“Poetry is dead!” cried John Berryman, emerging in distraction from the Manhattan hospital room that Dylan Thomas had just exited by another, more conclusive route. Poetry had been unconscious for four days, as a result of alcohol and then morphine. It had finally succumbed while being washed by a nurse—babied into eternity under a woman’s hands, life’s last feebleness recalling its first.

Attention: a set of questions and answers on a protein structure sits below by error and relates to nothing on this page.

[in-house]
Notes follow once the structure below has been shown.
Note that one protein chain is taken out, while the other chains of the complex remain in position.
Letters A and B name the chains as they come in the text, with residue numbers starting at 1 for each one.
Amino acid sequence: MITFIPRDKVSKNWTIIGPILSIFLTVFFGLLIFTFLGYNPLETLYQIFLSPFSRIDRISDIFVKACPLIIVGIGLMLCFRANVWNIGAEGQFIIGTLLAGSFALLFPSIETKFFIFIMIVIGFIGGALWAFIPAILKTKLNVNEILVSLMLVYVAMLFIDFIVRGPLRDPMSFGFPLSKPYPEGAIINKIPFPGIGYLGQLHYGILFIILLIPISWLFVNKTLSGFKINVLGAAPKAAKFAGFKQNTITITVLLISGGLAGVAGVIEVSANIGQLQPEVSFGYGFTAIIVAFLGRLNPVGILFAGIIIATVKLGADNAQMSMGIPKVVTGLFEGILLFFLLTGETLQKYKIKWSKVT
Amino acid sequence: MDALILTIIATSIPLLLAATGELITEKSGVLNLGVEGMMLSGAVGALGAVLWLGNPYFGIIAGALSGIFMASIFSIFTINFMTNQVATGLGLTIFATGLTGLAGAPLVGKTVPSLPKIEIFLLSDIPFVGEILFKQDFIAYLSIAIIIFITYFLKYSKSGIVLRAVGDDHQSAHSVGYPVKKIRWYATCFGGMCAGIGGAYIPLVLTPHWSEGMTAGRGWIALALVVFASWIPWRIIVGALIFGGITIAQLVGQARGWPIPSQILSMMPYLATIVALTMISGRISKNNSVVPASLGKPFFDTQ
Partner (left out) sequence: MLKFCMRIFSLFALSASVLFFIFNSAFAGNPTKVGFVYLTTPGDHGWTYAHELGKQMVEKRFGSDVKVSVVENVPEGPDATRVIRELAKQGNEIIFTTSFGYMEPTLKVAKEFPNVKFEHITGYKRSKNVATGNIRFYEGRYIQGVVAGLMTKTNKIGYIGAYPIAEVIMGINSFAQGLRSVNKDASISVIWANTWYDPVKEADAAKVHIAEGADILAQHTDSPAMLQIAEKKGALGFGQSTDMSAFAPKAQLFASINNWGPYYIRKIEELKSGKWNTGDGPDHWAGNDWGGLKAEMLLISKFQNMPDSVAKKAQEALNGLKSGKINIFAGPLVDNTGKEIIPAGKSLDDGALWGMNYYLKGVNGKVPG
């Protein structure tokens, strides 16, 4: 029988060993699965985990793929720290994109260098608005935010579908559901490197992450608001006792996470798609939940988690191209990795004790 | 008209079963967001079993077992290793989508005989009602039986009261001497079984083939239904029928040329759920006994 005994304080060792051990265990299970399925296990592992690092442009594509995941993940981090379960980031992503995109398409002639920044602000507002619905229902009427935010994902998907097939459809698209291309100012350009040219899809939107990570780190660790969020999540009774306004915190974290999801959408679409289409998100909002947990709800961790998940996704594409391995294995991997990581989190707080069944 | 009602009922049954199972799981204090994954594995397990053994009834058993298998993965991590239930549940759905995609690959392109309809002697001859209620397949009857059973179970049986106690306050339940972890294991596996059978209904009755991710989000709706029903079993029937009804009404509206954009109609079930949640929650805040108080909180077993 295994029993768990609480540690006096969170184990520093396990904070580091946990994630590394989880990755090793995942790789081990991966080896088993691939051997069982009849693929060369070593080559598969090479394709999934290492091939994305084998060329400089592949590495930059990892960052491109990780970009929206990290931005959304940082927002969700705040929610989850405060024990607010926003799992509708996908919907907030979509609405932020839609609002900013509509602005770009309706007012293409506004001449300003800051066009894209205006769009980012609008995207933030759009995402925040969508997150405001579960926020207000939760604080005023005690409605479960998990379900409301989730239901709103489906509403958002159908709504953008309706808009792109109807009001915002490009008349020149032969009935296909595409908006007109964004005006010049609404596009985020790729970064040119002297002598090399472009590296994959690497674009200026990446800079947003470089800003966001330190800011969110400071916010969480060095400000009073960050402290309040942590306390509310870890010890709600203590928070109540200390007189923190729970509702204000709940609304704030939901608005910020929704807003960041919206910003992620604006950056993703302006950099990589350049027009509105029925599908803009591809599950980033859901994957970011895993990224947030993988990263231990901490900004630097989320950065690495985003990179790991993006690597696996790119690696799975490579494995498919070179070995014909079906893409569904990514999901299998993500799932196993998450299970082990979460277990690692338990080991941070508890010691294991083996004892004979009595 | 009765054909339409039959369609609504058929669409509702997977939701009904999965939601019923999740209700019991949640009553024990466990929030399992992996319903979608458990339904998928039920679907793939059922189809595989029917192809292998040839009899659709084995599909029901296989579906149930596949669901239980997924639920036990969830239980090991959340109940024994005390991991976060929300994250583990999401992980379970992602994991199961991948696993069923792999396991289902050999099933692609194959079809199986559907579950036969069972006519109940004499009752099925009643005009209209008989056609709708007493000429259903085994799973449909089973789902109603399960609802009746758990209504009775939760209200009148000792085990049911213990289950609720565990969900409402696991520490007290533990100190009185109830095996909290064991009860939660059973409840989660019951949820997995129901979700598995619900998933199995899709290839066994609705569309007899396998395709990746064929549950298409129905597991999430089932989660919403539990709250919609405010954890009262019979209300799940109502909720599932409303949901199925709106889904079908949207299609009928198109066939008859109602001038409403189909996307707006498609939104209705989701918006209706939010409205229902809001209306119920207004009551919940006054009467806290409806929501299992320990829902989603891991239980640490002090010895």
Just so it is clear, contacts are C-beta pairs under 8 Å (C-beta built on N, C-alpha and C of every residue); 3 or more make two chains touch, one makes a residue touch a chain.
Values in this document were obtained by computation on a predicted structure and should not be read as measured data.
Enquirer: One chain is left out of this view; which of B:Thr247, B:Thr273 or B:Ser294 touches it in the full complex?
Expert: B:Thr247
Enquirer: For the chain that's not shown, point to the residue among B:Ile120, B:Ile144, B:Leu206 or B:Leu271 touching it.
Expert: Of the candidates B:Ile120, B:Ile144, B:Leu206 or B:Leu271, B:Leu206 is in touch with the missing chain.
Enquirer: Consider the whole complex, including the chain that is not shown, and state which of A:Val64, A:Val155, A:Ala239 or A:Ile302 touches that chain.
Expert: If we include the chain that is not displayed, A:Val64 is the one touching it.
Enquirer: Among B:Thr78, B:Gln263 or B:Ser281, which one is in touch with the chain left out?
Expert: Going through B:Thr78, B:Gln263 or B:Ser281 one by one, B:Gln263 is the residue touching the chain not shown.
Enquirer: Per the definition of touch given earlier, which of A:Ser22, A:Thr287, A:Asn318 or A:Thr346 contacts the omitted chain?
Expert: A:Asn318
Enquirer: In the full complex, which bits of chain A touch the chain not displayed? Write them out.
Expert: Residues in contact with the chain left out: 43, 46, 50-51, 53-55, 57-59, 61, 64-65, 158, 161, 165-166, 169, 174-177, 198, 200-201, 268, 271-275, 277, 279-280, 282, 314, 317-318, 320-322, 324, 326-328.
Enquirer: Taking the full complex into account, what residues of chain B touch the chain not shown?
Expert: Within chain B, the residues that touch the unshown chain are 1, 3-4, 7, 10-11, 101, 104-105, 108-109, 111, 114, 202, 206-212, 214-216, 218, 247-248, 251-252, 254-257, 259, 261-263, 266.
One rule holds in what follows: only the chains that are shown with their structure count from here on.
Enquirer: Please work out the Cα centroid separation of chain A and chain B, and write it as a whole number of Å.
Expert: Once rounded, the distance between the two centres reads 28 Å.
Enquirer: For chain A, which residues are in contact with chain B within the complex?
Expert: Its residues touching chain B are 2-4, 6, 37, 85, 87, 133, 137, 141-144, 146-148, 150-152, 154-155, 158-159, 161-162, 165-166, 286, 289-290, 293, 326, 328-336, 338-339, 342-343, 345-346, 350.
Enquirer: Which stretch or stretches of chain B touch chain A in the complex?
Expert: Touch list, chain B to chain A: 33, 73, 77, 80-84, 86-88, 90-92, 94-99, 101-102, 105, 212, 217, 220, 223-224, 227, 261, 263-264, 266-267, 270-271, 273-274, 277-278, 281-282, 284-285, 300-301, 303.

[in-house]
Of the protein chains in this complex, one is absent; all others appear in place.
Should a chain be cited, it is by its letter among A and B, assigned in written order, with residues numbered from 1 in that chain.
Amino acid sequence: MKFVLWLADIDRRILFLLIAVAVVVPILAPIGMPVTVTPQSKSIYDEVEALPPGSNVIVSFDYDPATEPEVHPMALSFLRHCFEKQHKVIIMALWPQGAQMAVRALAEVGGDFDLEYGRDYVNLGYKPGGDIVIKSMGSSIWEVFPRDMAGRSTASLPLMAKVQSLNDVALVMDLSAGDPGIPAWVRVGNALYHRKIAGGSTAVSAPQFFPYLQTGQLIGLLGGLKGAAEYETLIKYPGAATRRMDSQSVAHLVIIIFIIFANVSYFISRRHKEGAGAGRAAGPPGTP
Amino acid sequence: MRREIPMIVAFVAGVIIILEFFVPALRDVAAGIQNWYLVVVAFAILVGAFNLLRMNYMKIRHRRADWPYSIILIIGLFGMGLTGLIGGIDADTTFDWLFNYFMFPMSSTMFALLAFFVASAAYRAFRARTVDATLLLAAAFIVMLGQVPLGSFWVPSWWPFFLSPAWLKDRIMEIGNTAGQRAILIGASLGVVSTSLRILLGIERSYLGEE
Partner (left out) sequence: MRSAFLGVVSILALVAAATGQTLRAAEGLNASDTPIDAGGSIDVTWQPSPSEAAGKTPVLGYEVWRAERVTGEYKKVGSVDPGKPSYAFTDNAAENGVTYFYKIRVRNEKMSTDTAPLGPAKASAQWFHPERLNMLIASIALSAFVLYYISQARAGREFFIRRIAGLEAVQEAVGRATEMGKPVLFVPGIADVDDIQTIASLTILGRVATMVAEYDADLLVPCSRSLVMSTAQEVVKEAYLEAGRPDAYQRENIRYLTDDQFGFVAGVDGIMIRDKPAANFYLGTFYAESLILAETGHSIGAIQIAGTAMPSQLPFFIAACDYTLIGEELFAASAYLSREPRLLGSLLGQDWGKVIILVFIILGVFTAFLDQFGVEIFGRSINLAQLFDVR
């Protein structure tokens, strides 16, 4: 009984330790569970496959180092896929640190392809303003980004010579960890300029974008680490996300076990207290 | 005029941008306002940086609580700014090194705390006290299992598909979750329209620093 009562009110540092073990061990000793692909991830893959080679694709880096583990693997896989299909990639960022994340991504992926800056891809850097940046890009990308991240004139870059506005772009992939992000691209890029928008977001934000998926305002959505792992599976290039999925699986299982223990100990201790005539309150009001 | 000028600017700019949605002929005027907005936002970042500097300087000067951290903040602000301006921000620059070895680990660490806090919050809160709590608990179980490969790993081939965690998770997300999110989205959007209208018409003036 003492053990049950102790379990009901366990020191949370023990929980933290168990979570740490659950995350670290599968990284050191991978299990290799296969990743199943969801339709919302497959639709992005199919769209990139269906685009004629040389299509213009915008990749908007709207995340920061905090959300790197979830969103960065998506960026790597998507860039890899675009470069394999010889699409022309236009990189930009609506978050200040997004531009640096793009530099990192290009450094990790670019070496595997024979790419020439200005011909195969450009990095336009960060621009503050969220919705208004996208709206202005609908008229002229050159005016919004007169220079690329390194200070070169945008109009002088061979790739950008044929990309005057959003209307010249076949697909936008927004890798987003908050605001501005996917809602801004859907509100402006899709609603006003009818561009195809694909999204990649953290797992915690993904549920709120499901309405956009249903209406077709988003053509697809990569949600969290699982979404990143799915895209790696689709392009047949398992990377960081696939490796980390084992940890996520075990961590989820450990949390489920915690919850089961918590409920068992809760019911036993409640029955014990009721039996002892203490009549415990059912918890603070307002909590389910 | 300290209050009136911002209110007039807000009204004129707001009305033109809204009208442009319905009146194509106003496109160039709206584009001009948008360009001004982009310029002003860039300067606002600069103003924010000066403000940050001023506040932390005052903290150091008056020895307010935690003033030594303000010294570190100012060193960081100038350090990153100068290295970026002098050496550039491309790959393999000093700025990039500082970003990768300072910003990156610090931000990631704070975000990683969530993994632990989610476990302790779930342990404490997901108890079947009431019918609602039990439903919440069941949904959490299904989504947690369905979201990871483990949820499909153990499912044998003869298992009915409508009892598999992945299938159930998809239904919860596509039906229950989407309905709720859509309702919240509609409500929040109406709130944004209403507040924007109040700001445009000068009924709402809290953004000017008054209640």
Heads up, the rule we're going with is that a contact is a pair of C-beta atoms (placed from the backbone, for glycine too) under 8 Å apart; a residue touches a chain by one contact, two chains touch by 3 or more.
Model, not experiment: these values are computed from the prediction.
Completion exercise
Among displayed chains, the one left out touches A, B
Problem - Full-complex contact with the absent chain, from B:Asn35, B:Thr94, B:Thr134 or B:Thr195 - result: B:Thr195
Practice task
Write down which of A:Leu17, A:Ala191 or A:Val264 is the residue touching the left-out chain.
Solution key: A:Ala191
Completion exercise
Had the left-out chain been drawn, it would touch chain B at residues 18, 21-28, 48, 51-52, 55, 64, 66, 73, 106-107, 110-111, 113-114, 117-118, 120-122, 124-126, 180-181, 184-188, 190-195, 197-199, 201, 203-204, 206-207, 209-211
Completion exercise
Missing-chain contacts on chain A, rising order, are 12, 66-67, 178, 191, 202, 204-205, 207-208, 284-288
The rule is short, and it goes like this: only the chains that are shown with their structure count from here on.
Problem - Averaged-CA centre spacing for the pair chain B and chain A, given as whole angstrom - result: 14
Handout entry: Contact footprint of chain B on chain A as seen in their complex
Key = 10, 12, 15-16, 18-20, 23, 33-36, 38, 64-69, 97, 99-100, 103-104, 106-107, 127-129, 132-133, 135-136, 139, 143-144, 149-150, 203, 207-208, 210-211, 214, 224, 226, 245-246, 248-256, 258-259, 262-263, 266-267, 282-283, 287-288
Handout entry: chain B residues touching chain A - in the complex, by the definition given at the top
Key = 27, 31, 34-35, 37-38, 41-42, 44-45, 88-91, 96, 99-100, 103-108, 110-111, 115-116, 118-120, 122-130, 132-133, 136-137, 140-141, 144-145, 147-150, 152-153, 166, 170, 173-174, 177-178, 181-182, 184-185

Poetry is dead. Did Berryman, himself a poet, really say that? The record is unclear. It could be a legend. But he was certainly there, by the bedside at St. Vincent’s, on November 9, 1953; certainly overwrought; and if he did say it, his words—as Walford Davies points out in the new edition of his excellent study, Dylan Thomas—“were something more than melodrama.” Marshall McLuhan hadn’t yet given us the formula, but if Dylan Thomas was the medium, poetry was the message. Already a radio favorite in Britain, he blazed his reputation across 1950s America with a sequence of Led Zeppelin–esque reading tours, multicity road shows in which the dying throb of Romanticism met the incoming crackle of mass communication. This Welshman was electronically famous, and he constellated in his rumpled persona various blips and signals that all said poet. The bow-tied ham at the lectern, bass-baritoning away; the scapegrace of the after-party, peeing into potted plants; the inspired tavern regular, talker for hours, blood brother to the universe; the craftsman in his deep and scratching silence; the fire-tailed bard; the cometary Celt. All of it was Dylan, all of it was poetry, and when he died, it died with him. He was the last of the rock-star poets, because the minute the real rock stars showed up—amps buzzing, drugs twanging—the poets would be shuffled off into inconsequence.